Effect of perturbation and mixing of different species on the collective behaviour of self-propelled particles
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Active matter or self-propelled particles (SPPs) are characterised by their inherent ability to consume energy from the environment and eventually drive themselves out of equilibrium. Bacteria swarms, cell clusters, insects, fish schools, birds, human crowd, and even many artificial self-driven systems are all examples of the active matter which exhibits collective motion. In a seminal work, Vicsek et al. proposed a model for studying the collective motion of SPPs in two dimensions, famously known as the Vicsek model (VM). In this model, a large number of SPPs move together at a constant speed (v0), and they align their direction of motion with their neighbours through a short-range alignment interaction. However, the average direction is subject to an angular noise (η). For a given density (ρ0), an orientational order-disorder transition occurs at a critical noise (ηc). Though the order of transition depends on the values of (ρ0, v0), the properties exhibited at the transition point are characterised and understood rigorously. Perturbations or agitations are common in nature. For example, migration of a herd of animals across forests or steps, traffic flow in busy cities, a microbial colony in natural habitats etc. Hindrance or external disturbances along the path of SPPs can cause a perturbation in the system in the form of disruption of their motion or change in orientation. However, the collective dynamics of SPPs with inherent perturbation in the system is rarely studied. In this thesis, we have studied the collective dynamics of SPPs incorporating a trapping perturbation in the VM under which the SPPs get trapped for a while with a position-dependent trapping probability as they pass through the trapping region and pick up a random velocity direction on release. The study of the VM incorporating such a perturbation reveals several novel properties of the system. It sheds light on the order of transition in the VM, identifies the crossover system size, and clarifies the existence of a tricritical point. One of the main criteria of VM is that all the SPPs should have the same velocity. However, in natural systems, the velocities of particles need not be the same during collective motion. For example, fast-moving (active) and slow-moving (dormant) bacteria in a bacterial population or slow-moving vehicles and speedy vehicles in daily traffic. We have studied the collective behaviour of a binary mixture of SPPs with two different motile properties, such as slow-moving SPPs with velocity vs and fast-moving SPPs with velocity vf (vf ≫ vs). Both inter and intra-particle interactions are considered in the alignment interaction. The model exhibits many different self-organised pattern formation and phase separation under a short-range interaction without external force or repulsion. The mixing of two different SPPs has a strong non-universal effect on the critical behaviour of the system when the system is studied for higher and higher values of vf keeping vs fixed. For high vf, discontinuous transitions occur not only for the fast-moving SPPs but also for the slow-moving SPPs and the whole system as well. The effect of orientation adapters on the collective behaviour of SPPs is a crucial aspect to study in the context of VM. In this model, adapter SPPs exist besides the usual SPPs in equal proportion. The adapter SPPs do not interact among themselves but adopt the velocity orientation of the usual SPPs through local interactions. However, the usual SPPs do interact with themselves as well as with the adapters. The adapters move with velocity va and induce nontrivial behaviour in the system. The transition nature of the usual SPPs with high velocity v0 remains as that of the VM. In contrast, the adapters without self-interaction and with va ≪ v0 synchronise with the usual SPPs and obtain different behaviour. However, interestingly, the adapters with va ≫ v0 make the transition continuous for both the usual SPPs and the adapters. The thesis represents many novel results obtained from different models of collective motion of SPPs incorporating perturbation, different species and orientation adapters. The novel results obtained in studying such active systems will be helpful to understanding many related fields, such as swarm robotics, molecular biology, biomedical applications, security systems, traffic and crowd management etc.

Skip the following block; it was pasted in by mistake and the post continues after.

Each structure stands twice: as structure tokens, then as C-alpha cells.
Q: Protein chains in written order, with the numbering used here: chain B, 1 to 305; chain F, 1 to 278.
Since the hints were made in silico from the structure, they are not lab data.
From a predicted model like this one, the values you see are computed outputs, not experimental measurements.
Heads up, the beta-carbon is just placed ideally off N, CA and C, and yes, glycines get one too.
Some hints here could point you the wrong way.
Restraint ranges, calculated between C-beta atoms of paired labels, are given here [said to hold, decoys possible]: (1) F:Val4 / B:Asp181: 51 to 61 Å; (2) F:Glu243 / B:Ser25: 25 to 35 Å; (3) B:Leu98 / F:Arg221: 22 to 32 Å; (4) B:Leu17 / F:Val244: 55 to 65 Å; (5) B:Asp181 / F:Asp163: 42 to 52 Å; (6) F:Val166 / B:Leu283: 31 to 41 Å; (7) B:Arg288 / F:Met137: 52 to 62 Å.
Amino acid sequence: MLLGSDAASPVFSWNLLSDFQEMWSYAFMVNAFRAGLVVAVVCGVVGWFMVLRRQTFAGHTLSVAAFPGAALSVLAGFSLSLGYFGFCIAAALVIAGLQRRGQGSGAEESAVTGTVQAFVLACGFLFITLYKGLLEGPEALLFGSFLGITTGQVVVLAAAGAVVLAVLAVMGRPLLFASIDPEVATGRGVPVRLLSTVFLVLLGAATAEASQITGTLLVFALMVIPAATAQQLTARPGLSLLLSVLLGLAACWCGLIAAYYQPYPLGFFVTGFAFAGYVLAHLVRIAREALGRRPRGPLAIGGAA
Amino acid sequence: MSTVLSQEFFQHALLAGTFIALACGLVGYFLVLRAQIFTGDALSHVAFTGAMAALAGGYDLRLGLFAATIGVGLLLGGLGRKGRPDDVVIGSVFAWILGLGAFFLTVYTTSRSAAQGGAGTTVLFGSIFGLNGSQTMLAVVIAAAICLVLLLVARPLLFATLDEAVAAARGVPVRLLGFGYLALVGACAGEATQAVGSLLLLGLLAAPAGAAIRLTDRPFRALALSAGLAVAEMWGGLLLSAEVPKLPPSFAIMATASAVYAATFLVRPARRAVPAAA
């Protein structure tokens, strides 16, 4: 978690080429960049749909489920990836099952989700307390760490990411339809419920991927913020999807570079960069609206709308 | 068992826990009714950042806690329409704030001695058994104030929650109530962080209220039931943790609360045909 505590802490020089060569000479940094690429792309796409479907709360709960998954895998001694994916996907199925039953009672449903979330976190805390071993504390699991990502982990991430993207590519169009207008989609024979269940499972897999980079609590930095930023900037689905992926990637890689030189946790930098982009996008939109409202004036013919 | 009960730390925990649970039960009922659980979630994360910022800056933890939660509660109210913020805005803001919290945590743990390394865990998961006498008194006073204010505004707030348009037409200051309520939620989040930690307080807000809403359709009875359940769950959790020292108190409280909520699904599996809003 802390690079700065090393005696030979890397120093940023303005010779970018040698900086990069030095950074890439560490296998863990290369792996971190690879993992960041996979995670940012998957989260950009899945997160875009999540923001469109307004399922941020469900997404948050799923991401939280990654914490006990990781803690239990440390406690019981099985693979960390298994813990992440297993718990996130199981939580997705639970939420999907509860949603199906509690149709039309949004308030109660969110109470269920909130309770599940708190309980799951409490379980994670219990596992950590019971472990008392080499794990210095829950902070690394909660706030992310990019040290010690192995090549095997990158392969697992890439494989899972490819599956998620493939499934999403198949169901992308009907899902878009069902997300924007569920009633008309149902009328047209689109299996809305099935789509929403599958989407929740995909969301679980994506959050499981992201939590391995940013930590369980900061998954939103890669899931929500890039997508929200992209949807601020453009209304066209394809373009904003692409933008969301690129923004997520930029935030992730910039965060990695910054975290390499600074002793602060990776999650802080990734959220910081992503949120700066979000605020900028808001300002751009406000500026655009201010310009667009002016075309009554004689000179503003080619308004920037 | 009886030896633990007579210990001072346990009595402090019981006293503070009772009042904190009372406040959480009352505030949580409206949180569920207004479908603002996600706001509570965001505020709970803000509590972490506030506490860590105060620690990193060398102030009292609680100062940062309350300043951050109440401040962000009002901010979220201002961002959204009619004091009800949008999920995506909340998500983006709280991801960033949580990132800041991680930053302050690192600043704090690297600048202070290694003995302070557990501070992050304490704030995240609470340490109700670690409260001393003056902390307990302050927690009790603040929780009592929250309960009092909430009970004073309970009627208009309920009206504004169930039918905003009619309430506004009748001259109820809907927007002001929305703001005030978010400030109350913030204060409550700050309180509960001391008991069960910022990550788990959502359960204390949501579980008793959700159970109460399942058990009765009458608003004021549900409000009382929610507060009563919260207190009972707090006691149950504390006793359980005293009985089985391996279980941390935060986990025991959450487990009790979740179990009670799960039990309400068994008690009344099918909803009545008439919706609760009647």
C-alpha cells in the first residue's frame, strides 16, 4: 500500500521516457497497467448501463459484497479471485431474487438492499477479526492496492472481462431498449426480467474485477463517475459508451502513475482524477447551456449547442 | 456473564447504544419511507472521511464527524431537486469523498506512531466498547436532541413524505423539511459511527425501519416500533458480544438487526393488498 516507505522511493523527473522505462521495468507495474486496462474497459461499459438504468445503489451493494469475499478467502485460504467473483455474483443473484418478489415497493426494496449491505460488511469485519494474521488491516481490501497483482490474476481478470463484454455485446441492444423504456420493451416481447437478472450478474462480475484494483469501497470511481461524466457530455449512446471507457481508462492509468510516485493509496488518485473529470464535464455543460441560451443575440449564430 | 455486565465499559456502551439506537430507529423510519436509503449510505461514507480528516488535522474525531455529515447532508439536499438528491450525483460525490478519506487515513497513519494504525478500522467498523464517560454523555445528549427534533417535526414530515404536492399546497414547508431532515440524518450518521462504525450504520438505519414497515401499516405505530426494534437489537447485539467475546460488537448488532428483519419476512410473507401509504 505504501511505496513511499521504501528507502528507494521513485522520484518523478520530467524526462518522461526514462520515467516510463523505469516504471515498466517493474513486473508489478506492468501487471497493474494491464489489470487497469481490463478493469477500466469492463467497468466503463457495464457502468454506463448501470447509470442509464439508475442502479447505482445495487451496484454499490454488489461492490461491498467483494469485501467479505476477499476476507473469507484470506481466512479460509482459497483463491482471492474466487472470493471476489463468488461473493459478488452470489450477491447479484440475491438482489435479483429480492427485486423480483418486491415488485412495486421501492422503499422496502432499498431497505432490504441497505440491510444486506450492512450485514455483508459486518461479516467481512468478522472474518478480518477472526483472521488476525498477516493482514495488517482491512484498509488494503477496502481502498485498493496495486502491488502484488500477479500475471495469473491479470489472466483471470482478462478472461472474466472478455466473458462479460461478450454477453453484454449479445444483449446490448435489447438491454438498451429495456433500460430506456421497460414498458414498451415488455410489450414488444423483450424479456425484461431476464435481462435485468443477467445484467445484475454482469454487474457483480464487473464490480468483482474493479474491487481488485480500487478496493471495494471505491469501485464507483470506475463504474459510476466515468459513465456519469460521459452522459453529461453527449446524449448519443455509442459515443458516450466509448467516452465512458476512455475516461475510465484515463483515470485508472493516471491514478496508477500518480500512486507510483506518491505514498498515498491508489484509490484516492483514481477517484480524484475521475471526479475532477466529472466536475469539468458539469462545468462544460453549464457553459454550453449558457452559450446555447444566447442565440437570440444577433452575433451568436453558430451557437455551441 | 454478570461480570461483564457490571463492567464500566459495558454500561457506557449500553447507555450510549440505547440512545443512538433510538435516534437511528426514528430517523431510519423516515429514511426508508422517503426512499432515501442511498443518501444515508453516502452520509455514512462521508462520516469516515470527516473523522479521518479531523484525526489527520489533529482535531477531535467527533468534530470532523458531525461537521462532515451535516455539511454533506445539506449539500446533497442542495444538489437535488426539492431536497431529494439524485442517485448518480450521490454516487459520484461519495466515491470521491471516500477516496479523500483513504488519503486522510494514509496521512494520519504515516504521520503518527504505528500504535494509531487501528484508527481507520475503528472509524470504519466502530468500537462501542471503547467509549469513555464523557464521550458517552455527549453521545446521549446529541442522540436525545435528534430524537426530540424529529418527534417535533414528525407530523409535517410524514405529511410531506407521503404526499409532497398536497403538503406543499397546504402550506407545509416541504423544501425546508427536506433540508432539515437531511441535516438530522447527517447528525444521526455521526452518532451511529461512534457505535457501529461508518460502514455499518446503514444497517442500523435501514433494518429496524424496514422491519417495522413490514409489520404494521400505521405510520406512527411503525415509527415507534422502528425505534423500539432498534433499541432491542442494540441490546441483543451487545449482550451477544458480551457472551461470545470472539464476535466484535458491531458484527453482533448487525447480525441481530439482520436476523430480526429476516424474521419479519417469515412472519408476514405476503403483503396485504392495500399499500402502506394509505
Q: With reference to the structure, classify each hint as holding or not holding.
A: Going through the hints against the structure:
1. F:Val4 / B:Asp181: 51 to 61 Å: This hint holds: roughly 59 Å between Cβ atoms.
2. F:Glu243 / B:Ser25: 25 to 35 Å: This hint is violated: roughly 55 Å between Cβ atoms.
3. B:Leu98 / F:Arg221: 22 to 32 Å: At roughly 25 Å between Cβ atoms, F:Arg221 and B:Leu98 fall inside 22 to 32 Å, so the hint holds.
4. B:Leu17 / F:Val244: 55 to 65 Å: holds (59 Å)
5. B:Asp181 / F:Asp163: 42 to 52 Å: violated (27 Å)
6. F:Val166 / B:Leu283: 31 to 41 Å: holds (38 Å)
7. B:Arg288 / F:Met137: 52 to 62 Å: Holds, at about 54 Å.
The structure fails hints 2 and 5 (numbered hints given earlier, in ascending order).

Supervisor: Sitangshu Bikas Santra